• Maitotoxin : an awe-inspiring biomolecule with a rather large structure but containing fairly simple connectivity between atoms, whose IUPAC exists but is quite complex – disodium (2S,3R,4R,4aS,5aR,6aS,7aS,8R,9R,10R,11aR,12R,12aR,13aS,14aR)-10-[(2R,3R,4R,4aS,6S,7R,8aS)-6-[(1R,3R)-4-[(2S,3R,4R,4aS,6R,7R,8aS)-6-[(1R,3S,5R,7S,9R,10R,12R,13S,14S,16R,19S,21R,23S,25S,28R,30S)-25-[(1S,3R,5S,7R,9S,11S,14R,16S,18R,20S,21Z,24R,26S,28R,30S,32R,34R,35R,37S,39R,42S,44R)-11-[(1S,2R,4R,5S)-1,2-dihydroxy-4,5-dimethyloct-7-en-1-yl]-35-hydroxy-14,16,18,32,34,39,42,44-octamethyl-2,6,10,15,19,25,29,33,38,43-decaoxadecacyclo[22.21.0.0³,²⁰.0⁵,¹⁸.0⁷,¹⁶.0⁹,¹⁴.0²⁶,⁴⁴.0²⁸,⁴².0³⁰,³⁹.0³²,³⁷]pentatetracont-21-en-34-yl]-9,13-dihydroxy-3,7,14,19,30-pentamethyl-2,6,11,15,20,24,29-heptaoxaheptacyclo[17.12.0.0³,¹⁶.0⁵,¹⁴.0⁷,¹².0²¹,³⁰.0²³,²⁸]hentriacontan-10-yl]-3,4,7-trihydroxy-octahydropyrano[3,2-b]pyran-2-yl]-1,3-dihydroxybutyl]-3,4,7-trihydroxy-octahydropyrano[3,2-b]pyran-2-yl]-2-[(2S,3R)-2,3-dihydroxy-3-[(1S,3R,5S,6S,7R,8S,10R,11R,13S,15R,17S,19R,21R,22S,24S,25S,26R)-6,7,11,21,25-pentahydroxy-13,17-dimethyl-8-[(2R,3R,4R,7S,8R,9R,11R,13E)-3,8,11,15-tetrahydroxy-4,9,13-trimethyl-12-methylidene-7-(sulfonatooxy)pentadec-13-en-2-yl]-4,9,14,18,23,27-hexaoxahexacyclo[13.12.0.0³,¹³.0⁵,¹⁰.0¹⁷,²⁶.0¹⁹,²⁴]heptacosan-22-yl]propyl]-4,8,9,12-tetrahydroxy-hexadecahydro-2H-1,5,7,11,13-pentaoxapentacen-3-yl sulfate

  • This hydrocarbon : A molecule which likely exists, with a seemingly very simple structure, but with slightly quirky connectivity which makes naming it a challenge. Add a few more bridges and I’m sure you can break any existent nomenclature rules.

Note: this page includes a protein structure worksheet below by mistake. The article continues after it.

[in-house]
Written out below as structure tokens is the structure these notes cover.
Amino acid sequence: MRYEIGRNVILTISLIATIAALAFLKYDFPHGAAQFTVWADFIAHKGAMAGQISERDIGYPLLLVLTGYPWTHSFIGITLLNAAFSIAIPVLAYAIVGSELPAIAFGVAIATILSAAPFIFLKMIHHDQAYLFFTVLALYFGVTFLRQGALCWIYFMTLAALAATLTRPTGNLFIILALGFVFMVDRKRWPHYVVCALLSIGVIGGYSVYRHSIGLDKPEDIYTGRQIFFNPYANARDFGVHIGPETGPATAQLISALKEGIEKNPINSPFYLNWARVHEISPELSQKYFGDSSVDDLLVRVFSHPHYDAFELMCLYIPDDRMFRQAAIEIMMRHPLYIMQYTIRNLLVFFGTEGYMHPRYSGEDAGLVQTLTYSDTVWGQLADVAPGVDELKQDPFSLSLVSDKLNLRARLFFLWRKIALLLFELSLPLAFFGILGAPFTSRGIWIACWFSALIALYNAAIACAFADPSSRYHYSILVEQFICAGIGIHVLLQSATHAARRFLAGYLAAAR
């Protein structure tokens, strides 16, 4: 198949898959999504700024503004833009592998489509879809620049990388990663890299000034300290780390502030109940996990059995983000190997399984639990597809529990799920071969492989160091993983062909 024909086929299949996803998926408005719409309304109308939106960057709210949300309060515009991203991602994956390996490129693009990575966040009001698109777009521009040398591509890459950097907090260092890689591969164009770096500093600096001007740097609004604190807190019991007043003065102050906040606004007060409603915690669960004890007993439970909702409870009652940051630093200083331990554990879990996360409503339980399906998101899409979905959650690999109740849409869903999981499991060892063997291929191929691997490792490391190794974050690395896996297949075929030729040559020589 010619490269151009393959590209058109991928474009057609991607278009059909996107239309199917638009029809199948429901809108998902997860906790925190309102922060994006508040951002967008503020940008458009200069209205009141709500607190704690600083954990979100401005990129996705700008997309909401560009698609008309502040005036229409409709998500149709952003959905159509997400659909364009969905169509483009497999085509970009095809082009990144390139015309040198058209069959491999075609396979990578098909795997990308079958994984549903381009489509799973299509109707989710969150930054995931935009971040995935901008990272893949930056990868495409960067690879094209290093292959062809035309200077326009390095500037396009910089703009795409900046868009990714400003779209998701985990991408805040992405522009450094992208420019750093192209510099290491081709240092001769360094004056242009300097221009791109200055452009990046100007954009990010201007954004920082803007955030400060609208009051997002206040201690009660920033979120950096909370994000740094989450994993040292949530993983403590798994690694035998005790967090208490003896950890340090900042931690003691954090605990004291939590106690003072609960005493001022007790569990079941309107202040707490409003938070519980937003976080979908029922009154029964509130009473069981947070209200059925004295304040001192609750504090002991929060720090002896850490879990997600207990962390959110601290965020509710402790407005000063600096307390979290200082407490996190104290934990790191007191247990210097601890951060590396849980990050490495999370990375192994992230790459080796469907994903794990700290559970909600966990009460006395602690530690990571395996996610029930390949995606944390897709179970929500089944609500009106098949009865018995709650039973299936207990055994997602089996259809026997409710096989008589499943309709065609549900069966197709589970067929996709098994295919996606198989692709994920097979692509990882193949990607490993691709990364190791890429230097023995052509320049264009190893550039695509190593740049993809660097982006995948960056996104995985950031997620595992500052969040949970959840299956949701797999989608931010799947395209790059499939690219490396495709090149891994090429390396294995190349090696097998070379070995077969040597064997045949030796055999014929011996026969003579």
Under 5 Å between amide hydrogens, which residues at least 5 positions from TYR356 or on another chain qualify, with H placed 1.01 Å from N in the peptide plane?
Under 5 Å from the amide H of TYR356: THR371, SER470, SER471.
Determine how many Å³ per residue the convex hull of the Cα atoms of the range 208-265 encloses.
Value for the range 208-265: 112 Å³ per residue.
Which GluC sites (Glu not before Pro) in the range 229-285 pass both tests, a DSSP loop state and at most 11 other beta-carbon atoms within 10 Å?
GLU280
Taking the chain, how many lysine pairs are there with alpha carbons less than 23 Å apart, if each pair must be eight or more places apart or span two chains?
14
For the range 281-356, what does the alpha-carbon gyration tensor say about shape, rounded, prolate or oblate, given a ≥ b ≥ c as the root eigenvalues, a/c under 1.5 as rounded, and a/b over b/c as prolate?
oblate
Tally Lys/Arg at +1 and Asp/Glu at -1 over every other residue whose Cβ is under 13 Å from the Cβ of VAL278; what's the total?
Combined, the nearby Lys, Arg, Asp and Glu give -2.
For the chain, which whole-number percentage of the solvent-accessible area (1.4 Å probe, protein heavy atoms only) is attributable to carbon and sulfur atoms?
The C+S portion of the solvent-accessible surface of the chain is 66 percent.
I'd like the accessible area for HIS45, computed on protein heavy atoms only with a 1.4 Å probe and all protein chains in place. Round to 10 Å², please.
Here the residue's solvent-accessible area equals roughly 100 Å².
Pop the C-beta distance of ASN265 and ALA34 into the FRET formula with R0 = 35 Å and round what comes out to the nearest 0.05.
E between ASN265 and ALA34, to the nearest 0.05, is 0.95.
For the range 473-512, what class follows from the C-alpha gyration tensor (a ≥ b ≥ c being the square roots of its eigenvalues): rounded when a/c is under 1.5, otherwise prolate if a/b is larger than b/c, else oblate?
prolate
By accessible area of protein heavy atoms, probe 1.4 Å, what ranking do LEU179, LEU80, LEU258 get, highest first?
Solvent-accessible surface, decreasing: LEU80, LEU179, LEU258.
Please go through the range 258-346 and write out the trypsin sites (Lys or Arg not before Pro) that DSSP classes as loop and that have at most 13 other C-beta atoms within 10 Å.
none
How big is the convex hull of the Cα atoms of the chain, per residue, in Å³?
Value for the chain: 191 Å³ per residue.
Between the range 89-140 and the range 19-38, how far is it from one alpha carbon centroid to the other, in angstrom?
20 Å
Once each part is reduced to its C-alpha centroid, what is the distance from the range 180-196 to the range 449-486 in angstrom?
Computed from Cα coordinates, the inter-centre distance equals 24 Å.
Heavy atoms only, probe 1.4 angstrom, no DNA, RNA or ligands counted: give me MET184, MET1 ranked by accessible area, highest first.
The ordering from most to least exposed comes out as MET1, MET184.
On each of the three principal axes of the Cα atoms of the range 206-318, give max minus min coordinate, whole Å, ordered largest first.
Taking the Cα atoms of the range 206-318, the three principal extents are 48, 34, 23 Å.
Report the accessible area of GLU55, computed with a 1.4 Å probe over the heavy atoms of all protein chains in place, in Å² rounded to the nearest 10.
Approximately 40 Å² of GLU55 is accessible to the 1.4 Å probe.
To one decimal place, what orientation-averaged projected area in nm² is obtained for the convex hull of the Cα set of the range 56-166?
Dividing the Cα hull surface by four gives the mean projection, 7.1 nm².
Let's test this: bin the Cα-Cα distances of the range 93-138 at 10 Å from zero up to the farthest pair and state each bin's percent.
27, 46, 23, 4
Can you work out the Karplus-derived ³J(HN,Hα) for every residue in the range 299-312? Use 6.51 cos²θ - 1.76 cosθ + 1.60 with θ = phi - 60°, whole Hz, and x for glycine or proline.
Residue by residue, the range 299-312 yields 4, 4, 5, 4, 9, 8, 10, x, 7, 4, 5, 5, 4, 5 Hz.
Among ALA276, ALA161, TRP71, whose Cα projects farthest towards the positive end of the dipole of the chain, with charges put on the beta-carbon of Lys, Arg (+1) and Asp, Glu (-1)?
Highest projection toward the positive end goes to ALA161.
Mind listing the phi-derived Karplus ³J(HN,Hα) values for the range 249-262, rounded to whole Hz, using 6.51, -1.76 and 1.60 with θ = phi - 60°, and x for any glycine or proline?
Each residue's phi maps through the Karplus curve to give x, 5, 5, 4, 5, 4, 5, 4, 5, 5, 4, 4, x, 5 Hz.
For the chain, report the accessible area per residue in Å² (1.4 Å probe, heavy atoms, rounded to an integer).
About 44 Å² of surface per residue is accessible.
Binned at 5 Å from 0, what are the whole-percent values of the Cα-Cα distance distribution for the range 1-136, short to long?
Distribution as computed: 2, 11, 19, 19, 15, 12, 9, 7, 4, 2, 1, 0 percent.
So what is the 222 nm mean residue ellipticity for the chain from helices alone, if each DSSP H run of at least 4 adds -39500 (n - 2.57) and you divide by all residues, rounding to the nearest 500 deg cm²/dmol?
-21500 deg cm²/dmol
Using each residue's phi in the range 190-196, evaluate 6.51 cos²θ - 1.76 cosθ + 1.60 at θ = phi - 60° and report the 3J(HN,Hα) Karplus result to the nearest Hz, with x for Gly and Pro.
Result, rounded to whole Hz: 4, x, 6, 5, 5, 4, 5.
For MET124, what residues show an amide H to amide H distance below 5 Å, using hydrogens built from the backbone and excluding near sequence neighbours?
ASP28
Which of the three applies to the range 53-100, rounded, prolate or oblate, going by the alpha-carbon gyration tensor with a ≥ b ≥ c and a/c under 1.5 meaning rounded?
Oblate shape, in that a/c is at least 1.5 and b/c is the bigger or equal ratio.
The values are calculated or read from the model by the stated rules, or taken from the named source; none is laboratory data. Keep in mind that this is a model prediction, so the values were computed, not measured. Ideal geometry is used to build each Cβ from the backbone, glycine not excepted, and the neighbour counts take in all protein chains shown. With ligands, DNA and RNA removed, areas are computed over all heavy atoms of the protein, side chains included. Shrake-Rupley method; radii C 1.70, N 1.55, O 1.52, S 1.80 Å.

The Answer 2

7 people think this answer is useful

Interesting question. Let’s start with your examples.

You probably meant real heme, fixed:

heme structure fixed

“Heme” is recognized name in IUPAC tetrapyrrole nomenclature.

But it can also be named as (protoporphyrinato)iron(II).

Protoporphyrin can be named as
3,7,12,17-tetramethyl-8,13-divinyl-2,18-porphinedipropionic acid, or
2,18-bis(2-carboxyethyl)-3,7,12,17-tetramethyl-8,13-divinyl-2,18-porphine.

Porphine can be named as 21,22-dihydroporphyrin.

Porphyrin could be then named systematically as some ugly a,b,c,d-tetraazapentacyclo[X.Y.Z.UV,W.RS,T.OP,Q]tetracosane-i,j,k,…-undecaene (italic letters would be replaced with correct numbers).

How do we put these names together with iron? By using organometallic coordination compound nomenclature. But let us name that organic ligand with somewhat more recent phane nomenclature, that will produce less ugly name, as it is a powerful tool able to make abstractions from the local structures to “superatoms” in a simplified skeleton (can be used nicely to name the local interesting looking organic compound).

heme sketch

So the final name could be
[54,73-bis(2-carboxyethyl)-14,33,53,74-tetramethyl-13,34-divinyl-11H,51H-1,3,5,7(2,5)-tetrapyrrolacyclooctaphane-2(32),4(52),55(6),75(8)-tetraene-N,N′′-diyl-κ4N,N′,N′′,N′′′]iron(II).

I likely have some mistake there, but I can construct the structure according to the rules and check if it is correct, and if not, fix it.

The second example is named by some software in a fraction of a second as (Z)-N1-{2-[({5-[(dimethylamino)methyl]furan-2-yl}methyl)sulfanyl]ethyl}-N′1-methyl-2-nitroethene-1,1-diamine.

So yes, IUPAC nomenclature is constructed for chemists to be able to name pretty much anything. Some strange functional group is present? You can decompose it to building blocks (ad absurdum, you can name -COOH group as hydroxycarbonyl).

However, these rules are constructed by humans, and as far as I know, there is no formal proof that it can name any possible structure. It almost certainly is not (yet) describe e.g. stereochemistry of highly complex molecules with certain topological isomerism, e.g. complicated knots. Is “pyrrol” component name from the heme systematic name too trivial? It is already correct IUPAC name. But you can name it “more” systematically as 1-azacyclopenta-2,4-diene (if I’m not wrong with numbering). On the lowest level, the raw weighted graph of element nodes, the systematic nomenclature probably cannot operate in a practical way. The structural formula is worth a thousand IUPAC words.